Propecia Generic For Male Pattern Baldness

The drug propecia generic was originally intended for treating prostate enlargement or benign prostatic hyperplasia. When its branded name Proscar was released in the market, it was noticed that men who were suffering from androgenic alopecia were also being treated by the drug.  It was then that the manufacturer took notice and created some clinical studies and found out that Proscar, which came at 5mg, which at lowered dosage, particularly 1mg, could help fight androgenic alopecia.  Several years later, the brand Propecia, an offshoot of the drug Proscar was approved by the Food and Drug Administration as a treatment for androgenic alopecia.

Who is propecia generic intended for?

Propecia generic is meant for men suffering from male pattern baldness and want to stop the progression of their hair loss.  Signs of male pattern baldness would be the thinning of hair on the front, the receding of hairline on the temples, and the formation of a bald spot on the crown.  In due time, this type of baldness will let you end up bald from top to front with a rim of hair at the sides and back.  propecia generic is effective against this type of hair loss because it is able to treat it at the root of the cause – the formation of the hormone dihydrotestosterone (DHT).  Basically, this hair loss treatment prevents your hair loss from getting any worse.  If your hair loss is due to androgenic alopecia, then this is the medication for you.  Consult your doctor to know what type of hair loss you are having. Read more…

Holiday greetings, from Brian Day

Dr Brian Day, reluctant to take even a day off from his campaign for reform, managed to turn this year's holiday card to doctors into a political treatise:

Everywhere, my messages have been received with enthusiasm. Well, perhaps not quite.

I remain a target of some critics for pointing out that change is occurring and that more is on the way, whether we like it or not. So be it. [...]

The refusal to consider change in the face of these facts doesn't make sense to me, and I will continue delivering that message long after my days as president are over.
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Ontario's top five healthcare problems

Ontario's Liberals may have won another majority mandate in this fall's election, but they've still got a boatload of healthcare battles left to fight, according to Michael Decter, the former chair of the Health Council of Canada and the Canadian Institute for Health Information.

In today's Peterborough Examiner, he enumerates Ontario's : chronic disease, effective regionalized administration, electronic records and prescribing, the doctor shortage, and wait times.

Despite the scope of the problems Mr Decter describes, he sounds like he's got at least a modicum of faith that the government, led by the team of Premier Dalton McGuinty and the "now-experienced" Health Minister George Smitherman (both pictured above, flanking Roy Romanow), have a chance to ameliorate some of the trouble areas.

Mr Decter, an experienced healthcare analyst, describes the five problems as:

Chronic Disease - We are living longer than our grandparents, but not in perfect health. Two million Canadians have diabetes, soon to be three million. Heart disease, arthritis and asthma afflict millions more. Our health services were designed decades ago to treat acute episodes of illness and injuries from accidents. We cannot sensibly or affordably treat chronic illness in our hospitals. We need a broader set of services and much more patient self-management to succeed.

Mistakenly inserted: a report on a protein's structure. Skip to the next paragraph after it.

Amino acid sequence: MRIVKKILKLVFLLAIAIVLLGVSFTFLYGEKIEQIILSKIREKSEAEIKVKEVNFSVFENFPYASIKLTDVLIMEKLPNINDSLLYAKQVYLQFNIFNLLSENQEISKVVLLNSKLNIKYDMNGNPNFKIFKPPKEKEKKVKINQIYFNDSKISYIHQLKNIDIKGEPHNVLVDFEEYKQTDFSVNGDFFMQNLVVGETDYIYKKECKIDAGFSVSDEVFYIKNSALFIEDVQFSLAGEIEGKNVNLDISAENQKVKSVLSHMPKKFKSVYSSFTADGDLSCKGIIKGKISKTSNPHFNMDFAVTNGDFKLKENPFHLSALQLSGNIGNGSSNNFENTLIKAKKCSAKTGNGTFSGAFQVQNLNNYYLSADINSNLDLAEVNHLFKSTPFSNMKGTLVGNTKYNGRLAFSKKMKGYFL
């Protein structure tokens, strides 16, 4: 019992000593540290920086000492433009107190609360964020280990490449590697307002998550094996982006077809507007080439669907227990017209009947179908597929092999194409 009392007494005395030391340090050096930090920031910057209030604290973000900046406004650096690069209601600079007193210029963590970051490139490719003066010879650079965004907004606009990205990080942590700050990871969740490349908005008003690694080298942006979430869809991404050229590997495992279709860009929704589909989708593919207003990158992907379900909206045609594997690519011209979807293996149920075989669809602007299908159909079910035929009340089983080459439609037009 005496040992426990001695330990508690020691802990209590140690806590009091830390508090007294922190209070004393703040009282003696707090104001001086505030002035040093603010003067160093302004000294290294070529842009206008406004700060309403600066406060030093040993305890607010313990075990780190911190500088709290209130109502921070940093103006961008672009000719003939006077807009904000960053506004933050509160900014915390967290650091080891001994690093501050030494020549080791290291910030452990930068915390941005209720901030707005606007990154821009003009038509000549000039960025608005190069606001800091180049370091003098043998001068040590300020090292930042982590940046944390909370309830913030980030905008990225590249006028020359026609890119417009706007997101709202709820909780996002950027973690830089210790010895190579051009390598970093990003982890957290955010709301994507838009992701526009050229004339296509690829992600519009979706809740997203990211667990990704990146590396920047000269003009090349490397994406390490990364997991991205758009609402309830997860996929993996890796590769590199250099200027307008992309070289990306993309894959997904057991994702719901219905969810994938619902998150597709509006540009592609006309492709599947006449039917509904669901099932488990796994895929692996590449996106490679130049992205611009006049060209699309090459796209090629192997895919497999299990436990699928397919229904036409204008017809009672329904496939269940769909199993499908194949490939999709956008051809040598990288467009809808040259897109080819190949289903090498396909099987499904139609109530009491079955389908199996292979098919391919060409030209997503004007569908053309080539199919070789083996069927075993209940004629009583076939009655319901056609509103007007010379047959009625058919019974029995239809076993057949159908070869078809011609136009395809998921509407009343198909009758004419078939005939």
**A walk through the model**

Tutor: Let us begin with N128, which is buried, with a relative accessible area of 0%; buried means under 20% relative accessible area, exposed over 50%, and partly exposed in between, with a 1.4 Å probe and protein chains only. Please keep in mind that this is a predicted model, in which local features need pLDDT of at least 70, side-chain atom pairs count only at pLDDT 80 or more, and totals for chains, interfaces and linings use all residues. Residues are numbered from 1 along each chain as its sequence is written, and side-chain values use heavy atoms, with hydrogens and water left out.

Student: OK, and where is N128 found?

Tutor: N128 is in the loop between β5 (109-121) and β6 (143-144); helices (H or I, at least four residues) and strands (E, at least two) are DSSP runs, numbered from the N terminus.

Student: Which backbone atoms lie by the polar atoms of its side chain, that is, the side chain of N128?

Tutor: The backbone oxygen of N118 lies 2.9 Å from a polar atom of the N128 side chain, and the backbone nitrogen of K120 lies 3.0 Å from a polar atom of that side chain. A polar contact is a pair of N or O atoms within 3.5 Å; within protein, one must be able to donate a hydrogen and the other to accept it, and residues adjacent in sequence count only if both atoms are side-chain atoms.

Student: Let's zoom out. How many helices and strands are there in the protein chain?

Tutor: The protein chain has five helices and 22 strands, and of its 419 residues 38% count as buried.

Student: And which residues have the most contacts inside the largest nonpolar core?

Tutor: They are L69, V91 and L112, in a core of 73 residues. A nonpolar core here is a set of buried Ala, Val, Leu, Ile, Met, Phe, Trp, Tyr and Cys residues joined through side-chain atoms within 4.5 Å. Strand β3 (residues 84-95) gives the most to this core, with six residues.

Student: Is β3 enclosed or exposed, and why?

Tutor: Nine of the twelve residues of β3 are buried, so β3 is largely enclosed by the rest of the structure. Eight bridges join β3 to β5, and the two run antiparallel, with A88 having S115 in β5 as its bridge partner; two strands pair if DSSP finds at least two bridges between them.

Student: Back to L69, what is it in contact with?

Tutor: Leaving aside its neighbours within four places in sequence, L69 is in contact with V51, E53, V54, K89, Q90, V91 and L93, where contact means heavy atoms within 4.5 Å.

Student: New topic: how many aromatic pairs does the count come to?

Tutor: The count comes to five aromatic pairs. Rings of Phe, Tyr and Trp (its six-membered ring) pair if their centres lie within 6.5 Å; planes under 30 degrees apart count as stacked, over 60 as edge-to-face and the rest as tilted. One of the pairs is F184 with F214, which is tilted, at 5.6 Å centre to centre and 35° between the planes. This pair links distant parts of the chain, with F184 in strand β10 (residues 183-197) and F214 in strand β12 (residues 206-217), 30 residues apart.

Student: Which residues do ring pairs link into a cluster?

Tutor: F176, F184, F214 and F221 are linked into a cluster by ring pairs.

Integrating Health Services
- Local Health Integration Networks, or LHINs, represent massive and needed realignment of decision-making in the health sector. The LHINs need to bring together community health services and hospitals services into a genuine system that is sensible and affordable. Vast numbers of hospital services could be more efficiently delivered in clinics. An excellent example is the success of the not-for-profit Kensington Clinic in reducing wait times for cataract surgery. Hospitals are likely to fiercely resist movement of dollars and services elsewhere. The LHINs will need to marshal evidence and public support to bring about necessary change.

Making Smart Systems Smarter - Smart Systems is the organization charged with bringing Ontarians modern, safe electronic health records and information management. Only recently has new leadership given this effort a chance of succeeding. This is a mission-critical challenge for the health system. Without electronic prescribing, thousands of Ontarians will continue to die from medication errors. Without electronic health records, patients will continue to receive slower and less informed care.

We Want More Doctors But We are Getting Family Health Teams - There is a large gap between how ordinary Ontarians frame their needs and how health policy types design reforms. Family doctors are in short supply and many will retire over the next two decades. Newly graduating doctors do not want the work-dominated lives of their solo-practice predecessors. The answer is larger teams with doctors, nurses, nurse practitioners, pharmacists and others. This essential reform needs a vast communication effort. Without popular support it will be drowned out in a chorus of voices simply demanding more doctors.

Extending Wait Times Reductions - Wait times for cataract surgery, heart surgery, hip and knee replacements and cancer surgery have gotten shorter. In term two it will be important to solve the overcrowding and waiting in emergency rooms. It will also be critical to move the techniques that have reduced wait times in specific areas to a more efficient, faster health system in total.
Photo: Rick Chard, Ontario Ministry of Health

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